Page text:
Speaking of practical tips, I seem to recall some rather useful ones here including treating seawater, fishing, and of course managing the local wildlife: tigers and man eating trees included.

Jamrach’s Menagerie, Carol Birch

Young Jaffy Brown never expects to escape the slums of Victorian London. Then, aged eight, a chance encounter with Mr Jamrach changes Jaffy’s stars. And before he knows it, he finds himself at the docks waving goodbye to his beloved Ishbel and boarding a ship bound for the Indian Ocean. With his friend Tim at his side, Jaffy’s journey will push faith, love and friendship to their utmost limits.

Head into the ocean to capture a dragon? Sure. Why not?

From what I recall the dragon in question was more Komodo dragon than the flying fire-breathing type. But it might be the section after the storm that would be most useful for me.

If only I had a handy source of protein … ahem I mean friend… with me on this island.

Books that would take me somewhere else

The Wolf Hall Trilogy, Hilary Mantel

Hilary Mantel’s Wolf Hall Trilogy – Wolf HallBring Up the Bodies and The Mirror & the Light – traces the life of Thomas Cromwell, the boy from nowhere who climbs to the heights of power in Henry VIII’s Tudor England. It offers a defining portrait of predator and prey, of a ferocious contest between present and past, between royal will and a common man’s vision: of a modern nation making itself through conflict, passion and courage.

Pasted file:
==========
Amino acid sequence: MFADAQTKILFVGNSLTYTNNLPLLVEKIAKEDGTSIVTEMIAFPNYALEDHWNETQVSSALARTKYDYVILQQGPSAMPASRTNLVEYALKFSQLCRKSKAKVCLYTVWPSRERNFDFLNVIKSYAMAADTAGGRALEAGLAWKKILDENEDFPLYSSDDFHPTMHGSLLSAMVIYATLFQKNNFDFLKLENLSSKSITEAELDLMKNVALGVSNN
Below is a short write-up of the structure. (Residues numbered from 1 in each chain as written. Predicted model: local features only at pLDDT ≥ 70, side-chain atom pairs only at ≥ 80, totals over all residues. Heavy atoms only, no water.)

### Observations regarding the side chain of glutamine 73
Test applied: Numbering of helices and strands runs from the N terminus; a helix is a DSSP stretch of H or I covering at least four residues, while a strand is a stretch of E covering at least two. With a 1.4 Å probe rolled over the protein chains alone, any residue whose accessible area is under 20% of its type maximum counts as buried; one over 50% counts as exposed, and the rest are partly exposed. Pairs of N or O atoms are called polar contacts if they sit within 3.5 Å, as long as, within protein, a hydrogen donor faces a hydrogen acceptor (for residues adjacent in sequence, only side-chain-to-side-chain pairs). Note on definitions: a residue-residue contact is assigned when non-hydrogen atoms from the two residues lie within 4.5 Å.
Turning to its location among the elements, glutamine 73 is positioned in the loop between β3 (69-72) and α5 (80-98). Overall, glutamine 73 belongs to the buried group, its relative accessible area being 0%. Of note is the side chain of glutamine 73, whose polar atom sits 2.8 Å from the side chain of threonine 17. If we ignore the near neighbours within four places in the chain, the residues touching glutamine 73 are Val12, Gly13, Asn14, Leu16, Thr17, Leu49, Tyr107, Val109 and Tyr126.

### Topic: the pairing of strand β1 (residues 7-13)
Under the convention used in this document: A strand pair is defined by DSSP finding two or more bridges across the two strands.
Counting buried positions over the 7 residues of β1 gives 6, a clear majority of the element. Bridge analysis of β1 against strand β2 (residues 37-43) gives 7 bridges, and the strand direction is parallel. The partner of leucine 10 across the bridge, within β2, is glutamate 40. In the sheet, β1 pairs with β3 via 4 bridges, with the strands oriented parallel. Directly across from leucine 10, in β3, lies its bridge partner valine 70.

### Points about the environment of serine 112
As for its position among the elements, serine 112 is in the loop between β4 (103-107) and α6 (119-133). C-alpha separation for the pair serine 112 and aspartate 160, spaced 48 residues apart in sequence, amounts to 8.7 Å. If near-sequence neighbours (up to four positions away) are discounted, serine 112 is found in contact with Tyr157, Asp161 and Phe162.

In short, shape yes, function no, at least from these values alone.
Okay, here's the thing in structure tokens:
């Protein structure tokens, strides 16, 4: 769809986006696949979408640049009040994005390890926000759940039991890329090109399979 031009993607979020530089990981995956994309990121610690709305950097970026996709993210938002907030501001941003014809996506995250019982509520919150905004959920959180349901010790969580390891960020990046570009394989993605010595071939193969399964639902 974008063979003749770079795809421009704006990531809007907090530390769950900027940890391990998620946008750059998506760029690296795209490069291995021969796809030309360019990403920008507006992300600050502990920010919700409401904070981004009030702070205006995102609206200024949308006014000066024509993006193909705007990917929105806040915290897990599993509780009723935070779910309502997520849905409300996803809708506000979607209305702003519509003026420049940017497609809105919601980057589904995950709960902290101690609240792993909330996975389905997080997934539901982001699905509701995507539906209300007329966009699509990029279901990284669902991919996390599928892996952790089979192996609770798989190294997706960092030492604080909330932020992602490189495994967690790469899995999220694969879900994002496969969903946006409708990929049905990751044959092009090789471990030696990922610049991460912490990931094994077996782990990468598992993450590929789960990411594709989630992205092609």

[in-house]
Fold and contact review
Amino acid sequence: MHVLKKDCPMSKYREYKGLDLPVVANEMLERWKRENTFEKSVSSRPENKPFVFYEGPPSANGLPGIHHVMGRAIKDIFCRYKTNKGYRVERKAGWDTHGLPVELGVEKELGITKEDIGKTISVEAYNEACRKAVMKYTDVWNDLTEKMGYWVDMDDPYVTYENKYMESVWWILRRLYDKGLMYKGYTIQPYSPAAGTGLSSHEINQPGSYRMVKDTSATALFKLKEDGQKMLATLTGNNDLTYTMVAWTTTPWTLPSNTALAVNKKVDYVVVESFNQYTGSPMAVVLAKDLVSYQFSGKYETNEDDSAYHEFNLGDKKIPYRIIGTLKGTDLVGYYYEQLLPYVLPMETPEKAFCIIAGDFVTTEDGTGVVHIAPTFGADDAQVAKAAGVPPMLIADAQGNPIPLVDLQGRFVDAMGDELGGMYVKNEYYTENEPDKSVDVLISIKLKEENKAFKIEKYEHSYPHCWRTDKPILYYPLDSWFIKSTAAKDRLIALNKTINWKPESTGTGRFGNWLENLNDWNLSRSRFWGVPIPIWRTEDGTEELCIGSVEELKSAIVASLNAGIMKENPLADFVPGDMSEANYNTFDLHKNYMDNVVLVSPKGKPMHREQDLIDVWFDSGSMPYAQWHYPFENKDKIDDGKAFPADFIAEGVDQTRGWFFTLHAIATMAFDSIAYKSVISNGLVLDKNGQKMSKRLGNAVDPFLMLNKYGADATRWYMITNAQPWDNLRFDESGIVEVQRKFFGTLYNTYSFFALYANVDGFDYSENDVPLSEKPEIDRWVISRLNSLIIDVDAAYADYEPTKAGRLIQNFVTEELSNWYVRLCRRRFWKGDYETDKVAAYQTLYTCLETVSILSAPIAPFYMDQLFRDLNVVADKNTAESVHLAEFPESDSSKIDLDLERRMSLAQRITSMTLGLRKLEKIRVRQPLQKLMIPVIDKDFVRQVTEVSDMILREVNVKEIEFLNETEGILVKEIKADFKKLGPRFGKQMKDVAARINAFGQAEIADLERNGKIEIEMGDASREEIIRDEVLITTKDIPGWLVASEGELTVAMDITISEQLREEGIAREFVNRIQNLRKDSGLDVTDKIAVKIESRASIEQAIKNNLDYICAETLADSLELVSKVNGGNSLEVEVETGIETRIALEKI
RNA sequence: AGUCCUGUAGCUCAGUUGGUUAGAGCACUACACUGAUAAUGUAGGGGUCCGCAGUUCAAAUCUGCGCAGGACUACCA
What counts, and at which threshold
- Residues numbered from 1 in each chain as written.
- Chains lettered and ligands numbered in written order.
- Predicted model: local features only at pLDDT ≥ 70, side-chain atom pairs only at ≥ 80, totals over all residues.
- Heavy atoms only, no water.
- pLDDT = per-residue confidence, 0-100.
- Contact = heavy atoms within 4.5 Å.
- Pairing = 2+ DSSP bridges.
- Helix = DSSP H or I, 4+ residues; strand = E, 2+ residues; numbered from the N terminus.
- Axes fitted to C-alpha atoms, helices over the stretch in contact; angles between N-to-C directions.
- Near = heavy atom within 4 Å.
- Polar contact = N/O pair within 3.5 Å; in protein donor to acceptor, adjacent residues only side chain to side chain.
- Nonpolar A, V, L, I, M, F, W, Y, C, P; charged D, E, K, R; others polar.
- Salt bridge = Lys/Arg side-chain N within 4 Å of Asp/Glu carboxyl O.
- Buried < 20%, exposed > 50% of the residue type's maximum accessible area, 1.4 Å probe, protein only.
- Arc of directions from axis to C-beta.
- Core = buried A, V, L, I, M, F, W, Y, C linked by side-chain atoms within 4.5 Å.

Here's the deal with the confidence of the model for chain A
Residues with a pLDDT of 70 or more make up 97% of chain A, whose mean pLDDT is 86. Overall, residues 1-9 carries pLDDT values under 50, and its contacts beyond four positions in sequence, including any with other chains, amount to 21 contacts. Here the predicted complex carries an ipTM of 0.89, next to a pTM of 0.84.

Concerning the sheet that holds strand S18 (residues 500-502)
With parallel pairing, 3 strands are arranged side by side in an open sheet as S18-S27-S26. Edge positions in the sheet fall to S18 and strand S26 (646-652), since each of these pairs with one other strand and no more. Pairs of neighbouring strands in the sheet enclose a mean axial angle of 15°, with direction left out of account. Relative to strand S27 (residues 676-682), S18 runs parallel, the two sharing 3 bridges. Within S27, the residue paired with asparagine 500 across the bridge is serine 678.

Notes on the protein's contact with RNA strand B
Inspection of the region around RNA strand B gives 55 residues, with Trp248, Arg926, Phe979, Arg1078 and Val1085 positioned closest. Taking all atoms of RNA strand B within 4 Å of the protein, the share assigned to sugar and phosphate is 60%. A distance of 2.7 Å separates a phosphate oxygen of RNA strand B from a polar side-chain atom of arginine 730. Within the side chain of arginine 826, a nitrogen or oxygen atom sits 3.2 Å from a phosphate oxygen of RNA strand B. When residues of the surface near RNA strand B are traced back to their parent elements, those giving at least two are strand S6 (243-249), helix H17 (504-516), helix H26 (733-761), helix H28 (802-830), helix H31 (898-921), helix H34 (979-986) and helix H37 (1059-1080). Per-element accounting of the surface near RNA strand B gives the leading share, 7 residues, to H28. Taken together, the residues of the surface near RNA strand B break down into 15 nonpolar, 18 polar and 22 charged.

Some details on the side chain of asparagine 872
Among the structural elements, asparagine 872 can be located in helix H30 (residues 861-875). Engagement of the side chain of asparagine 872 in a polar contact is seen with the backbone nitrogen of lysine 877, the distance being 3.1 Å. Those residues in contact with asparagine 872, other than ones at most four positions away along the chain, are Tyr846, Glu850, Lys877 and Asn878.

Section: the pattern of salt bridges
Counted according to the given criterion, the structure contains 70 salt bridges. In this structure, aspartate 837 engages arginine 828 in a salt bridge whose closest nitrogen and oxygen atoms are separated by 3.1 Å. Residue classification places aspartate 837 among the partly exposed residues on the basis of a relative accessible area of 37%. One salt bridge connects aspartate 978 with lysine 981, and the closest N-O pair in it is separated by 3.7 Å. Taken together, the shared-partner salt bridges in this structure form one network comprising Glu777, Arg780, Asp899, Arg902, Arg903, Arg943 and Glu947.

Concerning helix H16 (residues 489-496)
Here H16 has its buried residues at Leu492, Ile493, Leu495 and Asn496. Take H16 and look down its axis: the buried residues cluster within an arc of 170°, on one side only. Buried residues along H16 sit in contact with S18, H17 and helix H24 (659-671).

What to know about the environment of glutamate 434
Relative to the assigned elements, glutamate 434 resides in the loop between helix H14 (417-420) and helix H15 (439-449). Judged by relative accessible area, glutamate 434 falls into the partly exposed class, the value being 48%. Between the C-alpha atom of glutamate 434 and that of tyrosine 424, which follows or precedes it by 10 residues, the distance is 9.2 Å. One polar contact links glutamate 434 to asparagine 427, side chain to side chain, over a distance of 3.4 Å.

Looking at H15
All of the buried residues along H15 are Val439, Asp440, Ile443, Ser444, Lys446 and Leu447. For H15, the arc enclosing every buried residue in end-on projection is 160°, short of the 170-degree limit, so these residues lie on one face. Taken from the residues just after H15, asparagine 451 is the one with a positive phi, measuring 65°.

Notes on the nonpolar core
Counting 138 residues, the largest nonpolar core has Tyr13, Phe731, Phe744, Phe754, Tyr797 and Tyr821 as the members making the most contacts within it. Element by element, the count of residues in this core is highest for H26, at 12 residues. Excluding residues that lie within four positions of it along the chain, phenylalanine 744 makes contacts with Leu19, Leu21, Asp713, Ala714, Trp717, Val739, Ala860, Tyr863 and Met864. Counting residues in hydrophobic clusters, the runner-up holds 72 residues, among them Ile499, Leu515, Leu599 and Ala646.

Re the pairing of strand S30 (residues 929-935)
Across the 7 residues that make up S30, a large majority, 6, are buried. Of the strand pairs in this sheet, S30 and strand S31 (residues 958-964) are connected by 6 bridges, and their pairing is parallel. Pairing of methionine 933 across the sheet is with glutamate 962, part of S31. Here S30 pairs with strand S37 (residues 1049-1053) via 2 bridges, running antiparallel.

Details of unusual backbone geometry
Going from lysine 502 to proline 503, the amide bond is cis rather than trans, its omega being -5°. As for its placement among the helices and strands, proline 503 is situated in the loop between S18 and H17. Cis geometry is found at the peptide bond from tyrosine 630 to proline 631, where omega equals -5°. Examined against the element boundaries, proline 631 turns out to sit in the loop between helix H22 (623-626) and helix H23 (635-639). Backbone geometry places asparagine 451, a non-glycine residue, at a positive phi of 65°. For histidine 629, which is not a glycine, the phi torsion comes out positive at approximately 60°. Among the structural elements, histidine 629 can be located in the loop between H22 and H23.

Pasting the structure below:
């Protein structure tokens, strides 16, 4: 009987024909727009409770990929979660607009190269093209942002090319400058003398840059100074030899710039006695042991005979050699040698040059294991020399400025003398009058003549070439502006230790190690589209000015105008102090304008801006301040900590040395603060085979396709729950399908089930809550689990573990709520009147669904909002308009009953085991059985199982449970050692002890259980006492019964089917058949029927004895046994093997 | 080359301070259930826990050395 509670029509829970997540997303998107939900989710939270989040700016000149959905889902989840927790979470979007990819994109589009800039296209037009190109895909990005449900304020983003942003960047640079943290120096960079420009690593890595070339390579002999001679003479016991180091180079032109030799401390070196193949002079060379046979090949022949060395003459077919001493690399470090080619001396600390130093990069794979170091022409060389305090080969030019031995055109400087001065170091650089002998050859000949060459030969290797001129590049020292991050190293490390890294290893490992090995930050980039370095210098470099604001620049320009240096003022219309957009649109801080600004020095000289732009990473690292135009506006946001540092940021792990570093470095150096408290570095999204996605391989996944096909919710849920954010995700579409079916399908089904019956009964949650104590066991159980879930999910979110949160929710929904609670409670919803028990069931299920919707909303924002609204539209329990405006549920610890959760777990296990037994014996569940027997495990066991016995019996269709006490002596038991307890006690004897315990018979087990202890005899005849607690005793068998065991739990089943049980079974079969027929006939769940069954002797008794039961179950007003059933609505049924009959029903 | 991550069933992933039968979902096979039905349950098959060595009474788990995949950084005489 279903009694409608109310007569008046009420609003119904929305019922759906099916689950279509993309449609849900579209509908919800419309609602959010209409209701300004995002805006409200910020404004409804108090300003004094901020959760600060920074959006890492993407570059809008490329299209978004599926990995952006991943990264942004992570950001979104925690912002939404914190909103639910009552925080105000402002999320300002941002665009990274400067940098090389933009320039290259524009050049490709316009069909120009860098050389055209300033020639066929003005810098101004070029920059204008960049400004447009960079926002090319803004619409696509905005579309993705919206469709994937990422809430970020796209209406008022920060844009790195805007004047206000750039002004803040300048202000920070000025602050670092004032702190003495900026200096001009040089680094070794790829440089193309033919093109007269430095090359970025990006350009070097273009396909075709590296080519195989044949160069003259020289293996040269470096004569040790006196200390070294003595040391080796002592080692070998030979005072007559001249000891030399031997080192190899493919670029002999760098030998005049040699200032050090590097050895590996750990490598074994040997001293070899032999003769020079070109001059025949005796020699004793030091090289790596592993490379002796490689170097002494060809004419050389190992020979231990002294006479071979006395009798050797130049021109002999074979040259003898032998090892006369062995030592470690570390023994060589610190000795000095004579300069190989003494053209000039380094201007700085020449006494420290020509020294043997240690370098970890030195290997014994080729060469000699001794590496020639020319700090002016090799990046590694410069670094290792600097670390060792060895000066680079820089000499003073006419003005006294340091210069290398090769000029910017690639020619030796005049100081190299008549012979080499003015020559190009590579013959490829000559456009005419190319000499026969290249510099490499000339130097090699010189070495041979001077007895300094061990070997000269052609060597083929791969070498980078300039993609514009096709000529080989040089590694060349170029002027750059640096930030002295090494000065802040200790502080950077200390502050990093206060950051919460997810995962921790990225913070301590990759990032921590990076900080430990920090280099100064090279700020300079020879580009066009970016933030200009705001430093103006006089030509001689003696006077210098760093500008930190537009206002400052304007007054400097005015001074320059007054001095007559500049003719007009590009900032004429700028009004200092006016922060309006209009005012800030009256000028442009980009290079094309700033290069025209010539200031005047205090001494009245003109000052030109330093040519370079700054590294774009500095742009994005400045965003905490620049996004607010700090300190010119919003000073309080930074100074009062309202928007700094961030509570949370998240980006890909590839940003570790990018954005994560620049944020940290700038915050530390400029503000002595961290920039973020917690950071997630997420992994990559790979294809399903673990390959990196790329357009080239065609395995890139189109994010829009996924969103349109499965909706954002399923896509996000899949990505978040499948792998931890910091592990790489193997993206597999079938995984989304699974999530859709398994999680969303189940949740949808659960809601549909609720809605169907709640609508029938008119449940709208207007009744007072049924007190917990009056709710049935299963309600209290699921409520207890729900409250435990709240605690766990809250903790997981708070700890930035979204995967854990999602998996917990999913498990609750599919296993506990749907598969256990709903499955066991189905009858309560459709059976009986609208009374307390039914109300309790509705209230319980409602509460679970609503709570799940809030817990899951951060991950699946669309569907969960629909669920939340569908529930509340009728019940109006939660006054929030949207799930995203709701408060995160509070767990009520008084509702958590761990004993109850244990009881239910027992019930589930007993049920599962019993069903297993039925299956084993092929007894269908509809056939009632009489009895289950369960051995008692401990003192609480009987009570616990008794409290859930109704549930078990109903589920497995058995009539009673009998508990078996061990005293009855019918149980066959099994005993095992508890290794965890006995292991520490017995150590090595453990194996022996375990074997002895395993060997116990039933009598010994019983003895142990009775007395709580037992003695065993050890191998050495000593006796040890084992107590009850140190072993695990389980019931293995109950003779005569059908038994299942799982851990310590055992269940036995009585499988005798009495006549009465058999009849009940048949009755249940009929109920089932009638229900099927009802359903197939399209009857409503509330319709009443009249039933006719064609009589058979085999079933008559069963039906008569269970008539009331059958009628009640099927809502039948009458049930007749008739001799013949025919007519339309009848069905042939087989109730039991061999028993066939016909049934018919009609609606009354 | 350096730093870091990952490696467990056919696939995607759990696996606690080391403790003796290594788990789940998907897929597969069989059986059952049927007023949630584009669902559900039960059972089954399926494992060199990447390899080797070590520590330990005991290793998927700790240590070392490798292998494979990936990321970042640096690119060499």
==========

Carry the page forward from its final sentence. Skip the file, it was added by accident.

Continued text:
Yes, a trilogy is definitely cheating – but wait until you see the next entry, it is just shameless! – but Mantel’s writing could transport you to the brutality of Cromwell’s childhood to the opulence of his successes. The sights, the sounds,the tastes… all the (Tudor) world is there!

The Seasonal Quartet, Ali Smith

Discover Ali Smith’s dazzling, once-in-a-generation series, the Seasonal Quartet, a tour-de-force quartet of novels about love, time, art, politics, and how we live right now.

All four instalments of the quartet are available to buy and read in paperback and ebook now: Autumn, Winter, Spring and Summer

Theses are exceptional books which take us from Brexit to Covid, that explore art and Dickens and cinema and Shakespeare and poetry and life. And are still witty, funny, moving and thoroughly readable.